She is now 26 and follows me like a puppy, still. She is queen of the pasture, and bosses the other horses around. She lets me do anything to her, and lets others ride her, no problem. But for me, nothing is off limits. She hurt herself badly and allowed me to treat the wound without a halter or lead. Talk about a bond...?!
I've had a couple horses with whom I've had a special bond with. The first was my western pleasure mare I got when she was 6 months old and I was 13. Being a kid, I spent every waking moment with that girl and she loved me to pieces. She would follow me everywhere, I could take off running, she'd follow me having great fun! Getting off the bus, a lot of times she'd be waiting at the top of the driveway in her pasture. We'd race home(she always won!).
My second strong relationship is the mare I have now. She broke her leg the day after I bought her and we've been through thick and thin together. Both she and I have messed up working our way towards having a good relationship, but we have always been forgiving of each other.
When she is scared or unsure, she will run straight to me if I am outside. I never really thought she liked me as much as I liked her until I kept her at my friend's hayfield overnight as we played around with other horses and roamed around in the high fence. When I went to catch her the next morning, she was wayyy out there in the pasture. I hollered at her and whistled. I'll be danged if she didn't come hauling butt to see me! She was so relieved I hadn't left her alone, I got special attention when I went outside for anything at all for a few days afterwards, lol.
There have been other instances where she would turn to me for comfort. I can also get more out of her than other people, although not many are allowed to ride her, and no one is allowed unless I am there watching what they are doing with her.
We competed at an Extreme Cowboy Challenge series last summer. Josie had never been exposed to most of the things there and only had 26 rides in a year on her, very sporatically. We went through the course better than people on broke horses because she has such respect and is willing and confident that I wouldn't get her in a bind. She can trust me and through her ability to trust me, I can trust her.
Another ridiculous story.... Josie walked on some dog kennel panels and got a piece of wire stuck between her hoof and shoe. Well, she went to walk off, was caught, and kicked at the panel until it came loose. She still had a long piece of wire caught in between the hoof and shoe. When she figured that out, she took off running around and around the house, the wire spanking her in the butt as she went! I was wondering what to do, stepping out in front of a galloping horse didn't seem like a good idea. After she had passed me a couple more times around, I hollered at her, standing off to the side, she came running up covered in sweat, sides heaving, and allowed me to figure out what happened and fix the wire. It was lodged in there, I had to get some wire snips and cut the long pieces off to pull the rest of it out. She was unharmed physically, but probably scarred for life mentally, lol!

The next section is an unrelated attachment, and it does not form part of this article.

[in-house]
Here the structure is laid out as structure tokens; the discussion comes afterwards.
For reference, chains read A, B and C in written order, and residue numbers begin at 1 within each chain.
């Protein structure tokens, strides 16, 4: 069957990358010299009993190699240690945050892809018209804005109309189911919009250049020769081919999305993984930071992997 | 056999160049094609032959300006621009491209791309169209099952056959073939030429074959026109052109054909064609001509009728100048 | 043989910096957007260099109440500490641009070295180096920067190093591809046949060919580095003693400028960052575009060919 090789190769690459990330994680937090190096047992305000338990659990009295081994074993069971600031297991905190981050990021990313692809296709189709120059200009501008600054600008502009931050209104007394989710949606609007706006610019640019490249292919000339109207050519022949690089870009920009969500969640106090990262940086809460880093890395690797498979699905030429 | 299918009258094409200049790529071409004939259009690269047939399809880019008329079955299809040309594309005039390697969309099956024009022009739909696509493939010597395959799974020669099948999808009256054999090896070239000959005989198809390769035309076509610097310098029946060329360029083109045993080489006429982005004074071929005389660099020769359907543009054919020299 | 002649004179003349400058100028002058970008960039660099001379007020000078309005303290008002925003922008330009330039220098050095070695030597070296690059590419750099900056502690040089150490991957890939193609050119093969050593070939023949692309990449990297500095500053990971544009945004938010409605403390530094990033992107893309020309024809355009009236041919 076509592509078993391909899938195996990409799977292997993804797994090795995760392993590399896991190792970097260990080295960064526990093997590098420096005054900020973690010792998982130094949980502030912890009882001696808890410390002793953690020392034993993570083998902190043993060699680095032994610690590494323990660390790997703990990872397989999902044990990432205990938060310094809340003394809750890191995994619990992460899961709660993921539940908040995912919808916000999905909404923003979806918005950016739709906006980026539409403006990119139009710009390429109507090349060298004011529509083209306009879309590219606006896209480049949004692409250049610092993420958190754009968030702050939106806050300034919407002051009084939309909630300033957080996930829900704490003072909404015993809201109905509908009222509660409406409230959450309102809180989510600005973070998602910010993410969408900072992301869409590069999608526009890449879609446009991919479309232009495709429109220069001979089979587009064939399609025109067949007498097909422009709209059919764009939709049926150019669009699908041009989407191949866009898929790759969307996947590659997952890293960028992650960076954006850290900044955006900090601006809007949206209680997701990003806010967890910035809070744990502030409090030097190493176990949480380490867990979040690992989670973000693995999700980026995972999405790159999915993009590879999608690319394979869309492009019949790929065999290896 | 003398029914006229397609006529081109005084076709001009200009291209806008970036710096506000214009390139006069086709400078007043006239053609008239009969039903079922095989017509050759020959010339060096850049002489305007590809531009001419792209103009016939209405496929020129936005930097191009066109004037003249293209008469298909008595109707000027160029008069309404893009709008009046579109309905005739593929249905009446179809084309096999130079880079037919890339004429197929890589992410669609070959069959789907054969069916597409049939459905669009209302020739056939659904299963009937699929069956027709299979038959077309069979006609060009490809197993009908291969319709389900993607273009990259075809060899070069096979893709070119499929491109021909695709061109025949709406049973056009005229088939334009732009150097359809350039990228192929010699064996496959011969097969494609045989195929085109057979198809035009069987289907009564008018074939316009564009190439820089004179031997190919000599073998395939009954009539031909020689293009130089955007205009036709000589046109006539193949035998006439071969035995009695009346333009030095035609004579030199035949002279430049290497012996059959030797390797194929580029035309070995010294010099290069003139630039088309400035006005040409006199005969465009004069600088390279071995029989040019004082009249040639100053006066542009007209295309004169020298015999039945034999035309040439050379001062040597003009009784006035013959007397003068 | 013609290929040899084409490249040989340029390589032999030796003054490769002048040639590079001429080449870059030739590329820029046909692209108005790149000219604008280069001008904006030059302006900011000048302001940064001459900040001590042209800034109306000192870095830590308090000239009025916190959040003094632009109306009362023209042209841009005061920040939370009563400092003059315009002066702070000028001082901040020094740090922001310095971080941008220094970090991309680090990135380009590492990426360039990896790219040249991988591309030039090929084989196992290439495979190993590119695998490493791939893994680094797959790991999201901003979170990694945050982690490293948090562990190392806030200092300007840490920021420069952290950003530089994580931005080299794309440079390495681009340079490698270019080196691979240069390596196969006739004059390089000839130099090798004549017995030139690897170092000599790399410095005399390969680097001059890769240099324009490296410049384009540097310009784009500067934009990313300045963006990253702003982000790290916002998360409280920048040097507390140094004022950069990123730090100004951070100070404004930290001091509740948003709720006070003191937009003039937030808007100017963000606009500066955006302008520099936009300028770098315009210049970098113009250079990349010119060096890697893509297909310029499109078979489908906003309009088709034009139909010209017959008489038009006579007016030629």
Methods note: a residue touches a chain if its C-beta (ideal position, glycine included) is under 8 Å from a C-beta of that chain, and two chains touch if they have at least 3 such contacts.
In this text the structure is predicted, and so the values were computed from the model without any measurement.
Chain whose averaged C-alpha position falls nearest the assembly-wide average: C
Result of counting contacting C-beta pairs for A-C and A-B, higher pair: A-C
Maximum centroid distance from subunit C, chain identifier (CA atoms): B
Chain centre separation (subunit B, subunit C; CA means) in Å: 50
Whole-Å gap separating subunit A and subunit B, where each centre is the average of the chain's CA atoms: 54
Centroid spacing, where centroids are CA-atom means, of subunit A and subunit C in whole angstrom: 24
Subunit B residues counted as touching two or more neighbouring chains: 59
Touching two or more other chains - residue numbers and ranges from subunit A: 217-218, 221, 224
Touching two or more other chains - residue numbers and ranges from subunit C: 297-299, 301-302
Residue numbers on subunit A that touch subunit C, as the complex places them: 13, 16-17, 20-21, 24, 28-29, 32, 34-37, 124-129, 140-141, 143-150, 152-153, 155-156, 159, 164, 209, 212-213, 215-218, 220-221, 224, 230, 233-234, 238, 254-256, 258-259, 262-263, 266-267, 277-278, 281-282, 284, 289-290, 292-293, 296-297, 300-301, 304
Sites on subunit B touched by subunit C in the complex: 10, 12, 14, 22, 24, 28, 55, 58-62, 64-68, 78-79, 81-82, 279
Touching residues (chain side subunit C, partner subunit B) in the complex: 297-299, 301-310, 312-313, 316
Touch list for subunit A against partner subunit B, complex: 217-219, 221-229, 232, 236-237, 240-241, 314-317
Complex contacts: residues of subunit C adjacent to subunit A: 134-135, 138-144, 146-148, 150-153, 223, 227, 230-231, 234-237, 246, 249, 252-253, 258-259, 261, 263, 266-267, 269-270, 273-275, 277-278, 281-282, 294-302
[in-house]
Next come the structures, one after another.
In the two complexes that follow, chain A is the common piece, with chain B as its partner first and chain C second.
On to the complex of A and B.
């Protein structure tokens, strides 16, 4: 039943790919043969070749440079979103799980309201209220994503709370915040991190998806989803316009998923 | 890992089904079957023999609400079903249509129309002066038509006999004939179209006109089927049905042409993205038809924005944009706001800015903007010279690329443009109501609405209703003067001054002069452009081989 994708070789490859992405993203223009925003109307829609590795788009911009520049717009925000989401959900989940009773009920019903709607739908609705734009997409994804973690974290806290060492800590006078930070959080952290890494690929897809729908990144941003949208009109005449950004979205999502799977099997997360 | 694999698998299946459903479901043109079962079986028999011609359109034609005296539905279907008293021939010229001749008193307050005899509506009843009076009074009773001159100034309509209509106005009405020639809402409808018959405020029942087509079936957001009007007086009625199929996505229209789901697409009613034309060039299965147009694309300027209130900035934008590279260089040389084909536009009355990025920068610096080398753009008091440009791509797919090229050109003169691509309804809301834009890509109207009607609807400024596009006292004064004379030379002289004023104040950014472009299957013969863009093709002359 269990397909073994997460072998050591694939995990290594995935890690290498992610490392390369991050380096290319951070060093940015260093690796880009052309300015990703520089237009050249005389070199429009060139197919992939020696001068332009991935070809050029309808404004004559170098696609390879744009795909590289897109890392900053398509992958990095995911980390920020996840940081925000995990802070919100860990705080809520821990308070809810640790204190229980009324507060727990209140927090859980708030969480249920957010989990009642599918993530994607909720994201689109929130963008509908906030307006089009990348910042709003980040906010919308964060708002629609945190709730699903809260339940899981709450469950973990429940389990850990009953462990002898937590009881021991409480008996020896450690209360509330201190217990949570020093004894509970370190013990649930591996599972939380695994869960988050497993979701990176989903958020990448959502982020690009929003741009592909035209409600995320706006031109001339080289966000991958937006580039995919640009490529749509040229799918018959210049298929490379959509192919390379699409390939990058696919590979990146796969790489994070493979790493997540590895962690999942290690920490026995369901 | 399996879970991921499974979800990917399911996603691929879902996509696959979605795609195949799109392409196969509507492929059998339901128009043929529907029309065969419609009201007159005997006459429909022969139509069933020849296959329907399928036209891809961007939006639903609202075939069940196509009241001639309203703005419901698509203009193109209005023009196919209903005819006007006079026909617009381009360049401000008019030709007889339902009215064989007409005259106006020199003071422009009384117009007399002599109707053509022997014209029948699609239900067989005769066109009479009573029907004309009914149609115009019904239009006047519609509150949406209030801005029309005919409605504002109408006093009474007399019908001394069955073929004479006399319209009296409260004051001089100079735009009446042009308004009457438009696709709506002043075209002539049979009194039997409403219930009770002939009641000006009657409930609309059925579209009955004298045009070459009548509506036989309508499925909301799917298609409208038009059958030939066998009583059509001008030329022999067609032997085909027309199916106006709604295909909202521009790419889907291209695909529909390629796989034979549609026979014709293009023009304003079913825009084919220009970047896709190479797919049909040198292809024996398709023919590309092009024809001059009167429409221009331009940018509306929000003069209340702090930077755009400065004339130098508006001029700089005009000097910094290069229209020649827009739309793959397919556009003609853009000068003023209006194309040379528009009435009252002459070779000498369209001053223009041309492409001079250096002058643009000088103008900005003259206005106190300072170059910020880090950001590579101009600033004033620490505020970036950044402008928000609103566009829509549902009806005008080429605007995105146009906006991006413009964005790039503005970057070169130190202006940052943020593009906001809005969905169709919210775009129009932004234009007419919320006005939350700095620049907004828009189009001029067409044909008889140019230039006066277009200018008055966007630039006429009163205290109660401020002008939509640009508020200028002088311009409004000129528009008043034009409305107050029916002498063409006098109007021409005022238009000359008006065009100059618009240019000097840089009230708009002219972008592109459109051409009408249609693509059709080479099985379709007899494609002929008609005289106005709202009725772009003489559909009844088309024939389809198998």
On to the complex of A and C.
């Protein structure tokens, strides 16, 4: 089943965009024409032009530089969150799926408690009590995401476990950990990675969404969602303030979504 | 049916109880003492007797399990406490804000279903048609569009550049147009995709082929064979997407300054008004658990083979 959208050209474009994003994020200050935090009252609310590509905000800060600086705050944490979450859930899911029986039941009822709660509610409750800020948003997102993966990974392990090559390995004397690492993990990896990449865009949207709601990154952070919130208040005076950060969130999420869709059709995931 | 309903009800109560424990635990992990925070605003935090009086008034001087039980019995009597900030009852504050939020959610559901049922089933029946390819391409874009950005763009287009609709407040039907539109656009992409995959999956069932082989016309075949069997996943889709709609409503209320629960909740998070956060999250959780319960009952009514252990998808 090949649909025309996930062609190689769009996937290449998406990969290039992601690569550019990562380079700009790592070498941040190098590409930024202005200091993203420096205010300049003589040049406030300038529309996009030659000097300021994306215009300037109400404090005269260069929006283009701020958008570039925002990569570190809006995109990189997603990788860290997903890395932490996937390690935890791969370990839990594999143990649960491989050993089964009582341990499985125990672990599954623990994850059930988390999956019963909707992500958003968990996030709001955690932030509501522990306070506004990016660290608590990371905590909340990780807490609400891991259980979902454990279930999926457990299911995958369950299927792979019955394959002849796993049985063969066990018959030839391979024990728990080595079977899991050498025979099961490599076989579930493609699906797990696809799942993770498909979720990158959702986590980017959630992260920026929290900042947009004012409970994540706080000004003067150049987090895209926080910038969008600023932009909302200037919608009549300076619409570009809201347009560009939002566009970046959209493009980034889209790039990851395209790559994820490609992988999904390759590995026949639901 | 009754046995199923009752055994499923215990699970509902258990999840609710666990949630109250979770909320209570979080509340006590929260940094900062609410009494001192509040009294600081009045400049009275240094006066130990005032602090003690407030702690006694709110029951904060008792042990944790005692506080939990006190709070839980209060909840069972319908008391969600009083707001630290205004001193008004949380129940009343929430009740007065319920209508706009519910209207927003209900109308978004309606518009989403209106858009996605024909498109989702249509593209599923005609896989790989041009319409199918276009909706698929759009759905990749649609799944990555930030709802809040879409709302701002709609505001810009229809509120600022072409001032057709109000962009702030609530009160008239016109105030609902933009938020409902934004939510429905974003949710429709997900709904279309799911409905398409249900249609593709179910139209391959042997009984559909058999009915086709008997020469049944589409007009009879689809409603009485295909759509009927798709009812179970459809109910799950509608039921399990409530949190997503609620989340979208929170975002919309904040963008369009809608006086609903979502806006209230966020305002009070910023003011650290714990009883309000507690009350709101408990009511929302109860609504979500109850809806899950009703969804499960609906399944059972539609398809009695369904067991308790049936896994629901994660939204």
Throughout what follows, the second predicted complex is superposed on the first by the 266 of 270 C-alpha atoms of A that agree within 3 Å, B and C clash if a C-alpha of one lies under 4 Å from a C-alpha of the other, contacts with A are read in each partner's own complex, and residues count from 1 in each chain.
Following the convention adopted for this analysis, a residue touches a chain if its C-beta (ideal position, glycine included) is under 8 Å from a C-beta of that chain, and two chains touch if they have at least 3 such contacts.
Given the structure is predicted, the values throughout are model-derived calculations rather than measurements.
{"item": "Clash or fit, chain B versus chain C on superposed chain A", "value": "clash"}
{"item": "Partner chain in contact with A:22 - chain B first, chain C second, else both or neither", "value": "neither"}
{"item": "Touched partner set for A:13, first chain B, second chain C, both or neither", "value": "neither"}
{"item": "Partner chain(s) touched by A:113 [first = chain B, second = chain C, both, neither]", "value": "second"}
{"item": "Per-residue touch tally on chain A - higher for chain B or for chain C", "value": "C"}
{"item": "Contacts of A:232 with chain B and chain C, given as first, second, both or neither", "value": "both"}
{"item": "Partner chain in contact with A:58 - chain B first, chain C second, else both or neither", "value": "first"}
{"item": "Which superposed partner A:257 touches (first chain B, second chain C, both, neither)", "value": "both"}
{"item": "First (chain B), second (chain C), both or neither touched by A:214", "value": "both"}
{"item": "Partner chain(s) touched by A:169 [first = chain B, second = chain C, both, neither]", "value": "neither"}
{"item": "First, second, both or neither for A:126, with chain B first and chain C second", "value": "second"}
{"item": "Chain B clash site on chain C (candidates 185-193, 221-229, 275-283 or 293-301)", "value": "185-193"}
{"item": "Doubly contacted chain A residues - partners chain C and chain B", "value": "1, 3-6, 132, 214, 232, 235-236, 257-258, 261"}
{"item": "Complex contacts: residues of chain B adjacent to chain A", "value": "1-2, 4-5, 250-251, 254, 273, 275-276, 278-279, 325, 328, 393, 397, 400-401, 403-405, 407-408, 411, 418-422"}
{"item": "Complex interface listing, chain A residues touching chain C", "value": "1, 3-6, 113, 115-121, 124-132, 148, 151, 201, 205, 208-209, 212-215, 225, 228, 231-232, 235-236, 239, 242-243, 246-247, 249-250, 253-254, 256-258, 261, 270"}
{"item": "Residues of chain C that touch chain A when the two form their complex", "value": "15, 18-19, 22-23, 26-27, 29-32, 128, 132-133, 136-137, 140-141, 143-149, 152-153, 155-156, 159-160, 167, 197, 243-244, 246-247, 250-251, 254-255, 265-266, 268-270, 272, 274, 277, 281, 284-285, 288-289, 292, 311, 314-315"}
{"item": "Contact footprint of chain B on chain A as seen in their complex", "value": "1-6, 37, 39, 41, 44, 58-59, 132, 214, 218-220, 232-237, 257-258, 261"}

We have called the vet for a string of tests. She has almost stopped eating and is highly aggressive towards the geldings.
The suspicion now is some source of physical pain rather than a behavioural issue or perhaps even a combination of the two.
When I touch her neck and her flanks, one can feel the trembles.
Is there such thing as a "special bond" between a horse and a human if it is actually more or less the norm?
Sure, I have a twelve years' worth of stories about the relationship I have with my horse, but in my view, if you didn't have a relationship or a "bond" or mutual affection and respect for an animal you'd owned for twelve years, that would be concerning. Is it just your expectations? I expect a connection with my horse and if I just didn't get on with or -- after giving it a good amount of time -- connect with an individual horse, quite frankly I'd sell it. Luckily I know the kinds of horses I like so I've never bought one I didn't. Someone at my barn commented that I must be very brave to ride bareback (i.e. Like my avatar photo) and I said, "The way I see it, I've had this horse for years... if I *couldn't* ride her bareback, that would be a worry."
Conversely, if you *expect* to have an adversarial relationship with your horse, as many people sadly seem to, than someone who doesn't must appear to have a "special bond" with their horse.